By Debbie Lynn
I have always felt alone, but not lonely.
This feeling began when I was very young and it was hard. I didn’t have the tools, the knowledge or the understanding to articulate the emptiness, so began the titled vision of my alone.
As a child, I was always standing just on the outside of the circle, which gave me a unique view of how cruel and awe-filled life can be—I witnessed this dichotomy with great wonder.
The meanness of my friends left me uncomfortable, like new shoes that are too tight but you have to wear them to break them in. Yet those same souls could turn in an instant, pick a milkweed flower and give it to you as an offering of peace without an explanation—there were no words, life went on.
I wrestled with these kinds of goods and evils (in my mind) for much of my life, but never spoke clearly about them. I felt isolated in my query as it seemed that the world was so full of itself. It certainly didn’t have time to explain to curious heart, so I turned to nature; my salvation, my hug that would console my curiosity with kindness.
Alone: I found solace in special spots where I could cry out loud or be joyous for no reason and no one would hear me.
Alone: I found peace in the trees, or on a rock that seemed to have a seat carved perfectly for my form.
Alone: I found comfort in the wind as it kissed my cheek.
Alone: I found the birds would stop momentarily and answer my deepest thoughts even as they were flitting around scattered and frenzied.
Alone: I would walk, sometimes for hours, and the motion of my gate soothed my moods.
Alone: I can write it out, ride it out, come to meet my dark side, shake my hand and then be warmed by the light of acceptance.
Alone, I became my best friend.
This is friend I could rely on, the one who knows me best, the one who can tear down the walls and build them up again, the one who questioned everything.
The enemy mine, the keeper of my key that holds the cipher to my heart. I learned to twist the view to quench the thirst for company, and to appreciate a slightly “tilted” persona alone, not lonely.
Thoughts in my head are always swirling, but I am good with this; I have learned to love totality. I do not always agree with the ways of the world, but who am I to judge?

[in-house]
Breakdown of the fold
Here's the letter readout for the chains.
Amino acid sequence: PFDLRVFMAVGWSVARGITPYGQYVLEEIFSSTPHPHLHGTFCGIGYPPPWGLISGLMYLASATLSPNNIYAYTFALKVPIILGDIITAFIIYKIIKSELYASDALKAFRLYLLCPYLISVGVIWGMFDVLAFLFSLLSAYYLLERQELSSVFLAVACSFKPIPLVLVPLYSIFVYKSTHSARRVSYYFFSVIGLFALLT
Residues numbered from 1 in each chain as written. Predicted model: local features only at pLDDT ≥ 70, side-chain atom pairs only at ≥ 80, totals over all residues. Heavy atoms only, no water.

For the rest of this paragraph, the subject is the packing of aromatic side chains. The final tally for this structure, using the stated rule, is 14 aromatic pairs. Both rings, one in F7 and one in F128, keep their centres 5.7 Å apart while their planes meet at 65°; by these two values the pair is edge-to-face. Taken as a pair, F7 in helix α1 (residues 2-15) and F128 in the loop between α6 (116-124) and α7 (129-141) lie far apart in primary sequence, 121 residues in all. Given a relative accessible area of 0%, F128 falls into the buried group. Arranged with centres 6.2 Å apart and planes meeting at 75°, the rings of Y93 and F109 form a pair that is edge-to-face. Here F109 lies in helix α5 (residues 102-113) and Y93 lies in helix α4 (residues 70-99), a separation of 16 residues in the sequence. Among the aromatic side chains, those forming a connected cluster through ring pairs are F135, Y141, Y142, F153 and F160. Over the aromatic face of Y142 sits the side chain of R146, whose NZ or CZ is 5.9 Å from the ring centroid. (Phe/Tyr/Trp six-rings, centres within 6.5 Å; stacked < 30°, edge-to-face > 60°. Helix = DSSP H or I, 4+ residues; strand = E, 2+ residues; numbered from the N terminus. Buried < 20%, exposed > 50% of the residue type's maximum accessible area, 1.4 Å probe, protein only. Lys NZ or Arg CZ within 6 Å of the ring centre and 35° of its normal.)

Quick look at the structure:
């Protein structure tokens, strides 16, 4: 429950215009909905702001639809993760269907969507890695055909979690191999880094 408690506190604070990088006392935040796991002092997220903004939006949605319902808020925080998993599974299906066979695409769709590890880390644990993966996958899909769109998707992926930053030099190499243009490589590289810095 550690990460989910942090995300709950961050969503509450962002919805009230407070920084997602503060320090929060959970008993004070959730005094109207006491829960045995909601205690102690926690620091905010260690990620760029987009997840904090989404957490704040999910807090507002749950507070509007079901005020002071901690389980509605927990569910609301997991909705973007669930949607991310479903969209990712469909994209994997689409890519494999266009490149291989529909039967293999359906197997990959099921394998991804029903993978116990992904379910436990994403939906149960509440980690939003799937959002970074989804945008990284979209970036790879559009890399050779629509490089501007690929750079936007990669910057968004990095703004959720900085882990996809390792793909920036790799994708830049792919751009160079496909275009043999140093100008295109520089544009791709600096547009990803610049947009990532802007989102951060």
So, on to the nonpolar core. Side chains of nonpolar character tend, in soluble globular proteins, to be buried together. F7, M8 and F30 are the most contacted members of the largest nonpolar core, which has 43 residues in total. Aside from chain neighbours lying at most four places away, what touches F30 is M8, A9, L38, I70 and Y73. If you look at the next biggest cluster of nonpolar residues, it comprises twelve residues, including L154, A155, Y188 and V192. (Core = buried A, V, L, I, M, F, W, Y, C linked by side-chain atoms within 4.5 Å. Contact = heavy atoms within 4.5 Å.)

I am no one. I am everyone. I am in you, can you see me?
Life is still a huge mystery, with the vast amount of unknowns it hits the very core of the void, a void that we can never fill. This emptiness has been root cause for many things. It has lead the way to discovery and driven some to their demise. It has opened the portals to creativity, and stifled the most brilliant minds and yet, it is the most common connection we have.
Stand in the crown and relish the energy or go to a place, a space where you are enraptured by your own essence—what you are feeling is universal. The hum of life, when we tune in, is what moves us in solitary unison. Feel it large, feel it fully, and feel it deep. Once this is understood, we cannot help but to love being alone, and loneliness will not cross our paths ever again.
Debbie Lynn realized at a very young age that the outer reality was a far cry from her inner truth and meeting her inner wisdom head on always turned into a challenge. The wonderment, curiosity and hypocrisy of life led to exploration and a cumulative documentation (art and journaling) of what she lovingly calls “the purge”. It is her way of ridding any negative energy from the daily grind. She says, “In essence, it is a way to start fresh and cleanse the soul.” Debbie has had numerous articles published with elephant journal, The Edge Magazine and Simple Steps Real Life Magazine. Her daily posts can be found on Facebook.
Editor: Alicia Wozniak
The wonderment, curiosity and hypocrisy of life led to exploration and a cumulative documentation (art and journaling) of what she sees, feels and observes. Debbie writes and speaks to the logical side of Spirituality (being accountable, responsible, and full engaged in life's happenings). She is now cruising the Caribbean with her Husband on their 46’ Catamaran “INDIGO.” Debbie has had numerous articles published in Rebelle Society, Elephant Journal, The Edge Magazine and SAIL Magazine and now a featured writer for The Tattooed Buddha. Her daily posts can be found on Facebook .
Latest posts by Debbie Lynn (see all)
- Yes, Even Well-Meant Rants Can be a Form of Violence - August 20, 2017
- Stop Trying to Make Life Spiritual (It Already Is) - July 18, 2017
- In Meditation - July 8, 2017